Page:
Should You Jump on King Digital?

Should You Jump on King Digital?

Investors got burned with Zynga , and as a result, they were very cautious of King Digital's IPO. And while valuations within the online gaming space in companies like Zynga and in well-established gaming companies such as Activision Blizzard vary, King might have in fact left significant gains on the table following its IPO.

King: Not like Zynga
By now, the rise and fall of Zynga and its Farmville franchise is well documented, as its stock fell from $15 to a low of $2.50 in less than one year. Furthermore, the company's revenue peaked in 2012 at almost $1.3 billion, and last year, it dropped significantly to $873 million, and it doesn't appear to be slowing as the company continues to cut costs dramatically.

So, investors are scared that King will be a repeat of history. However, there are a few key differences worth noting.

First, pre-IPO talks surrounding King had its valuation pegged at $10 billion, but with its stock falling 15.5% and pricing below the expected price, its valuation now sits at $6 billion. In comparison, that's 50% greater than Zynga's current market capitalization.

However, there's a key difference between these two companies: King has $1.98 billion in net bookings for the last year and $567.6 million in net income, both of which are far higher than anything Zynga ever created. With that said, Candy Crush is 80% of King's total bookings, meaning it's very reminiscent of Farmville's impact on Zynga.

The fact that Candy Crush is much larger than Farmville at its peak, and is primarily played on mobile phones versus Facebook, suggests that its bookings may not fall as drastically as Farmville. Nonetheless, King is not priced for perfection, and based on what we know now about Candy Crush, King might in fact trade higher in the future.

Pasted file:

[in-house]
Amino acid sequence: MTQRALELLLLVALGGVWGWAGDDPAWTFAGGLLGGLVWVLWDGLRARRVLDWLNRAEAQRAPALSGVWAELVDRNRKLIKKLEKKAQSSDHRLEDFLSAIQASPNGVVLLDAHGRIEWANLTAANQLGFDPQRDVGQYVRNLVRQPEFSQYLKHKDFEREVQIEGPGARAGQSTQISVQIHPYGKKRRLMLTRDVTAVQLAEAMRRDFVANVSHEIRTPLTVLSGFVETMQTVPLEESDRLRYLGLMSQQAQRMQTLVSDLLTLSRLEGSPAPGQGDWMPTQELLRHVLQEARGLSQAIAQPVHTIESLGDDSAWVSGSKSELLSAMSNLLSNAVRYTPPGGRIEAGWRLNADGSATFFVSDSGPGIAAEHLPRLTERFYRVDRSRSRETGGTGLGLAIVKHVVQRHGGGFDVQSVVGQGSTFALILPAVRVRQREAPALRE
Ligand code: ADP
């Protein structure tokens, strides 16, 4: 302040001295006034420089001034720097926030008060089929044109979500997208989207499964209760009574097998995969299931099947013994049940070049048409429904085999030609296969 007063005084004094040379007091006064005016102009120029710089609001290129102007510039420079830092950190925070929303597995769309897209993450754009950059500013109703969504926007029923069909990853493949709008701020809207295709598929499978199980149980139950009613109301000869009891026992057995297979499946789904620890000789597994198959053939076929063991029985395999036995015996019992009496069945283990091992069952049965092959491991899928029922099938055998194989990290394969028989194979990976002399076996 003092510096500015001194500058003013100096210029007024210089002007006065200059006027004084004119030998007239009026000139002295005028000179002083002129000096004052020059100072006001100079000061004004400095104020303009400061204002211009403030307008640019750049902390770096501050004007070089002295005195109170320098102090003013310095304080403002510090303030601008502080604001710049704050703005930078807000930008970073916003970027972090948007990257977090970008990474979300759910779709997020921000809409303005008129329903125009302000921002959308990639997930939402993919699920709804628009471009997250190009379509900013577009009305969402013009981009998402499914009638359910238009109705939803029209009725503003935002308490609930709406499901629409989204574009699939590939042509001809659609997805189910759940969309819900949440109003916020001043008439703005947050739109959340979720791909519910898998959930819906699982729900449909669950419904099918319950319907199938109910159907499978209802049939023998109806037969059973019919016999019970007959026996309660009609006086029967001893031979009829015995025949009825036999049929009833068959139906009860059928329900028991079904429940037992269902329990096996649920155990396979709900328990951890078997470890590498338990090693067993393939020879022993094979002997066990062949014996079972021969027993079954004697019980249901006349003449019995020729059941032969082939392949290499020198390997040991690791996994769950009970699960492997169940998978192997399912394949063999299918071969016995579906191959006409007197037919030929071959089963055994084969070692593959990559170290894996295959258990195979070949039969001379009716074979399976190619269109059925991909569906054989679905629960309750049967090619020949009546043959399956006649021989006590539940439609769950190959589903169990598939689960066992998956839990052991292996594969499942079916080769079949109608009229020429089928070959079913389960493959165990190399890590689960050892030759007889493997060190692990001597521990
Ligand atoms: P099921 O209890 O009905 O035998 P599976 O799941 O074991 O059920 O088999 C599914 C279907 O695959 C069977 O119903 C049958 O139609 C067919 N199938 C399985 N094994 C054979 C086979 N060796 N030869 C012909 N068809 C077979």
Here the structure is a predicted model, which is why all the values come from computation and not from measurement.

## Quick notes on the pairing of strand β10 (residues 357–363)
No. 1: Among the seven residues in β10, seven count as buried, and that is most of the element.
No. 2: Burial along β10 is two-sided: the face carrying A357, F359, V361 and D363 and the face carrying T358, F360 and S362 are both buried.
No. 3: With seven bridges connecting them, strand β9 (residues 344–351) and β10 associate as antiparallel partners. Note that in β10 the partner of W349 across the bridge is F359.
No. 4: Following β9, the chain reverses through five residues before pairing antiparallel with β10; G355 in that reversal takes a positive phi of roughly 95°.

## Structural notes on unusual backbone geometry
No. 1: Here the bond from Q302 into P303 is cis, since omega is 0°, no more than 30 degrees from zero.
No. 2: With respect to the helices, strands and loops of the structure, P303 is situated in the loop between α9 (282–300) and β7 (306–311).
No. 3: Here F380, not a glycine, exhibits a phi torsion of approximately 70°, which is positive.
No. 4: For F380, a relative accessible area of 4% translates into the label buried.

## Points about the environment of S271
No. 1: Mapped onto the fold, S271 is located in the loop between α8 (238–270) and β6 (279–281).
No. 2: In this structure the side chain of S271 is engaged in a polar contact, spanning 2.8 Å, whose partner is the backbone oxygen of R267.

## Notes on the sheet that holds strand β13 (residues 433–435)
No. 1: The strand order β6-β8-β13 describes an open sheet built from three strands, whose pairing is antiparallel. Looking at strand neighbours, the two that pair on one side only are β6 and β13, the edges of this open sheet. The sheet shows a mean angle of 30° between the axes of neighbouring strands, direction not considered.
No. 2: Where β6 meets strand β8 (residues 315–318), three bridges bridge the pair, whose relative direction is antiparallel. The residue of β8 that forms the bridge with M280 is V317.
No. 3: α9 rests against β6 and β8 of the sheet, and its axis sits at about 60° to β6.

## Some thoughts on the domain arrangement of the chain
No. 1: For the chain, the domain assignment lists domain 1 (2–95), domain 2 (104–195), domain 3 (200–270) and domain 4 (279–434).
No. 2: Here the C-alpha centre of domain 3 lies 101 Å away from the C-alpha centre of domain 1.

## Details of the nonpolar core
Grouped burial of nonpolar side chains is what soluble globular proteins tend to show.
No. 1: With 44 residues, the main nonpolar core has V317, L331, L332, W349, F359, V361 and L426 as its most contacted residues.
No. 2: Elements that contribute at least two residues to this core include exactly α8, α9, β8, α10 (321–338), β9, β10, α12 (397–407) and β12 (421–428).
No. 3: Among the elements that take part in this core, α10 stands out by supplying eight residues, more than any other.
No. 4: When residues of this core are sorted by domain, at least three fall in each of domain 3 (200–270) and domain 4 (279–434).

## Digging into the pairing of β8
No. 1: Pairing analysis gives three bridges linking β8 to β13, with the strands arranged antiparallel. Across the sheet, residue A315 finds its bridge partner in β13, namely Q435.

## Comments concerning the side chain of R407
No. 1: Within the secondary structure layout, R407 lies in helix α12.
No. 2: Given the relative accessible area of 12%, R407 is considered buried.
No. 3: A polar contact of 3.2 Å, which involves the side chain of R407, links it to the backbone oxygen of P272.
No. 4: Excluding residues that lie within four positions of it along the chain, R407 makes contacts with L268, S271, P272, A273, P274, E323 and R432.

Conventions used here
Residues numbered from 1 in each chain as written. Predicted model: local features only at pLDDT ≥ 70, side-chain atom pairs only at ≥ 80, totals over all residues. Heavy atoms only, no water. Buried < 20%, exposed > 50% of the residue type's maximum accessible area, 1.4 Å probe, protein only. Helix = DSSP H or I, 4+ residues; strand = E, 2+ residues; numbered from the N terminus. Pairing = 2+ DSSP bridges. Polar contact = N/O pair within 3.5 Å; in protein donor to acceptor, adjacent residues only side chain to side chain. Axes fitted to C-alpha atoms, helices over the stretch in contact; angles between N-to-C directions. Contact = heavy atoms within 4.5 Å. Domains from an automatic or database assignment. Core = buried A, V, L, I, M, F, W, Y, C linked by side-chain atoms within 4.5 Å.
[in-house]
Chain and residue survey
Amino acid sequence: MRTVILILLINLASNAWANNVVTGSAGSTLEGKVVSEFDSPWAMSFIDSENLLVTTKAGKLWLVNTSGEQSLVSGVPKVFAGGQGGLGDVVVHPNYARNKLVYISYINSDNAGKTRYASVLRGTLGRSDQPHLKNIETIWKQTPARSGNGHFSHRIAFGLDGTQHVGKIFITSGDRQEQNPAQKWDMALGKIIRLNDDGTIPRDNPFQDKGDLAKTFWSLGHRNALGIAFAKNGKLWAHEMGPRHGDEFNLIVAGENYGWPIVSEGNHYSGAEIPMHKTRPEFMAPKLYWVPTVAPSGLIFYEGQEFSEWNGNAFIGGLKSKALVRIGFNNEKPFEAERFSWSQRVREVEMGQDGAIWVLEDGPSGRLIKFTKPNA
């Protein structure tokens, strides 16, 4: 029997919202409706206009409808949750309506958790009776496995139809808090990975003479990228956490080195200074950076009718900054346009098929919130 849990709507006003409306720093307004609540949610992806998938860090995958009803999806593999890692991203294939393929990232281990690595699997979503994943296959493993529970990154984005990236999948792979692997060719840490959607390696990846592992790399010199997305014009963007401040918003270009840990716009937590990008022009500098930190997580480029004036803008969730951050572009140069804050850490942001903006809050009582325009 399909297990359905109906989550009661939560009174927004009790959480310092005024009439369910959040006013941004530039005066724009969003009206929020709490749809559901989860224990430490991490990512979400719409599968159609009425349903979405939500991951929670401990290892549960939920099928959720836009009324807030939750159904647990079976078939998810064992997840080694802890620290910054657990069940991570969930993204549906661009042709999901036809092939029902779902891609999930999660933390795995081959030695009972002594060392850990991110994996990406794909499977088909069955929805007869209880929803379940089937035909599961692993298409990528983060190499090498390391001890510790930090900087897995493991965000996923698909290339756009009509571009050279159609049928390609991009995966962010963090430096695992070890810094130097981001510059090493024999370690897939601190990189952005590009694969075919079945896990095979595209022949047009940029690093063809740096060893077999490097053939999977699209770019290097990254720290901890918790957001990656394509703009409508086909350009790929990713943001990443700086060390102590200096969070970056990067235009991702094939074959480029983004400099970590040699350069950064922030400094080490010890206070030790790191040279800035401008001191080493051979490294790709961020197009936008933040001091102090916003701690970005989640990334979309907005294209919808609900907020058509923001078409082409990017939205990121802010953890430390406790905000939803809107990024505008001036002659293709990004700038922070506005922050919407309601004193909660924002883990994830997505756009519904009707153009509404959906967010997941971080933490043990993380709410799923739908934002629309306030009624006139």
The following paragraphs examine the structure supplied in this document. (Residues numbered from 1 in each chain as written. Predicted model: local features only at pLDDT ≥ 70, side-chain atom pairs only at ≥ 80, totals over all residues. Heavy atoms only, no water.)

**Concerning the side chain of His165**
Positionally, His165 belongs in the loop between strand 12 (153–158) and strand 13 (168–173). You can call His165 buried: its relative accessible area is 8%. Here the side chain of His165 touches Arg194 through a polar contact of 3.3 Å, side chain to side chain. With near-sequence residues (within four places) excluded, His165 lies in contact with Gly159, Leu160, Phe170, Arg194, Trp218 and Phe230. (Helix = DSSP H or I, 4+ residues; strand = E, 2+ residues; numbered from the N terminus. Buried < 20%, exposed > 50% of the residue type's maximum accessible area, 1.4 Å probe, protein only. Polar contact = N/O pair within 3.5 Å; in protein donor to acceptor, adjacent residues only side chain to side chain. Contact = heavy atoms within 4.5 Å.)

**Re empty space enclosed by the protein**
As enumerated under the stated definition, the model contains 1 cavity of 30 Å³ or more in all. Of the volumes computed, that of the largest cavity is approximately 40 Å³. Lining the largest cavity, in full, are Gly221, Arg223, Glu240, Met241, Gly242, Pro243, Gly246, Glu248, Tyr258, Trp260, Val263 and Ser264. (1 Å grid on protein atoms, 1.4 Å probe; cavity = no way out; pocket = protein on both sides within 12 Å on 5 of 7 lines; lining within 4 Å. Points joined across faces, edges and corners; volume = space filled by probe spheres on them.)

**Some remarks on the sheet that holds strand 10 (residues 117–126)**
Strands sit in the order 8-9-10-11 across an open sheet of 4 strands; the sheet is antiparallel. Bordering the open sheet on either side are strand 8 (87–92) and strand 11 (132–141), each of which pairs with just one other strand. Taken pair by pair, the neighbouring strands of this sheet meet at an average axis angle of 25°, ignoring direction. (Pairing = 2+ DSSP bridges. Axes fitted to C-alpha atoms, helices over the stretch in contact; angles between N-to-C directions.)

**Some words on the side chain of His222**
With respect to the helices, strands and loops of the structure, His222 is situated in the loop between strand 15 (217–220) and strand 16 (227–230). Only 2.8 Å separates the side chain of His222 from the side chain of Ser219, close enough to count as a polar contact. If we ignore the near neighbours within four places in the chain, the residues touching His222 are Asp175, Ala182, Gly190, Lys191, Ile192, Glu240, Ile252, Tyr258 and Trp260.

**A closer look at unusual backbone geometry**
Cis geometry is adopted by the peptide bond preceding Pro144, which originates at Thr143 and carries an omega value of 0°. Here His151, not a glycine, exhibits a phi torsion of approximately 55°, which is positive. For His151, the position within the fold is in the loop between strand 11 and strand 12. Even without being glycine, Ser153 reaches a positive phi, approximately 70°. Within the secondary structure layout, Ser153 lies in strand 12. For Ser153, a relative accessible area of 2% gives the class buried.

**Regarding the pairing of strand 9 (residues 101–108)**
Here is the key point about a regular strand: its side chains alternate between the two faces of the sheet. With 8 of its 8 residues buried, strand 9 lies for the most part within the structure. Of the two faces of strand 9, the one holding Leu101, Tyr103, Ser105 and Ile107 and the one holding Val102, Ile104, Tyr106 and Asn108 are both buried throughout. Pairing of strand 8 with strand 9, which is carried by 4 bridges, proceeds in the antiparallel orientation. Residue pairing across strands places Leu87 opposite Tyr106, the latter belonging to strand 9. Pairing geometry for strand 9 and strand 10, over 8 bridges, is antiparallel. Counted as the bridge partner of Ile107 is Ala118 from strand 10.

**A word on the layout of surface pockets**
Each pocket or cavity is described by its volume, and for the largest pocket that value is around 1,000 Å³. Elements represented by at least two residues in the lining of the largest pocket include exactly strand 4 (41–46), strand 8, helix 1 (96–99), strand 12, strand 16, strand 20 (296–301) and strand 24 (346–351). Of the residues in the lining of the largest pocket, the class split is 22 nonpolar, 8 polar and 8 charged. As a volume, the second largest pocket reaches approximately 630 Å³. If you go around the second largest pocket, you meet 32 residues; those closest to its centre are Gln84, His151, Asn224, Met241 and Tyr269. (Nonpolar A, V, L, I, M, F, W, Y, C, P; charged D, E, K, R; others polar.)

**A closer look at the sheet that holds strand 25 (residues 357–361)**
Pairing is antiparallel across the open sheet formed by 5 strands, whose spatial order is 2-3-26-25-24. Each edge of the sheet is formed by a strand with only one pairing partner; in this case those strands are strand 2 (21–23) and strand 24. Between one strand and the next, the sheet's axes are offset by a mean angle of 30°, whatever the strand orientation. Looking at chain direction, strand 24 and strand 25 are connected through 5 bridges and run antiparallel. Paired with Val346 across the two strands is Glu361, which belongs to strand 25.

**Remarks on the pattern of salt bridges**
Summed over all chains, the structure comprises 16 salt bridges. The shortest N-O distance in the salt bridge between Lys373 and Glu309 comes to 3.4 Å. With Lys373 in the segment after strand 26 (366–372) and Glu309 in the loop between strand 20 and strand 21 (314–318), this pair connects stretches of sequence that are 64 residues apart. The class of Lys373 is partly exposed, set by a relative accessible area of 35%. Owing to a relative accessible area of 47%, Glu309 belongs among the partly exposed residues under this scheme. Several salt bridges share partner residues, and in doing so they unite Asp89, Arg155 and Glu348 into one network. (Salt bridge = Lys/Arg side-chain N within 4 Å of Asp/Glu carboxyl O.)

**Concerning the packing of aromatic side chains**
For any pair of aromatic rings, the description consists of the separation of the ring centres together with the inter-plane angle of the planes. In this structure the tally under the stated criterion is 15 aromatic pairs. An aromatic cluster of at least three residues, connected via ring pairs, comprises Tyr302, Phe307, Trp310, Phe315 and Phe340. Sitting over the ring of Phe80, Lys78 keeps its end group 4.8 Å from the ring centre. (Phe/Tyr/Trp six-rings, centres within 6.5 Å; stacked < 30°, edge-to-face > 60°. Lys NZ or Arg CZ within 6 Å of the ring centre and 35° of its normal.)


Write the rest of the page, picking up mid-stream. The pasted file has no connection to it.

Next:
Priced for gains
For investors in the gaming space, most would consider Zynga the sleeping giant, or a company that's one blockbuster shy of large gains. Then, there's Activision Blizzard, the quintessential juggernaut in the gaming space as a whole. The remaining industry fits somewhere in the middle.

Zynga trades at nearly five times sales, and with an operating margin of negative 6.3%, it is far from profitable. Also, let's not discount its 43% year-over-year revenue loss in its fourth quarter, which also plays a role in its valuation.

Activision has $4.5 billion in annual sales, which includes two billion-dollar franchises and a new game called Destiny that many expect to become the company's third blockbuster. Hence, with a $15 billion valuation, it is not uncommon that large sums of revenue come from one, two, or sometimes three individual games/franchises. Yet, for Activision's consistency, and for the leader of the gaming pack, it trades at 21 times earnings and a price/sales ratio of 3.2.

Now, with the valuations and multiples of Activision and Zynga in mind, King, a company that grew 11-fold last year, is trading at three times sales and 10 times earnings following its IPO. Based on Wall Street's valuation of its peers, King is trading at a significant discount to the overall space.

Final thoughts
King might never grow to become the next Activision, but with its current fundamentals, and valuation, it is unlikely to relive the misery of Zynga. At Zynga's peak, it was a $13 billion company, trading at 10 times sales. Yet, even at Zynga's best, it still wasn't profitable, and it was far smaller than King is today. Hence, King is better, bigger, and more profitable -- with a profit margin of over 25% -- than Zynga was in its best days. With that said, King looks to be presenting a pretty good opportunity right now, and with very little risk following its IPO.

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Brian Nichols has no position in any stocks mentioned. The Motley Fool recommends Activision Blizzard. The Motley Fool owns shares of Activision Blizzard. Try any of our Foolish newsletter services free for 30 days. We Fools may not all hold the same opinions, but we all believe that considering a diverse range of insights makes us better investors. The Motley Fool has a disclosure policy.

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Originally published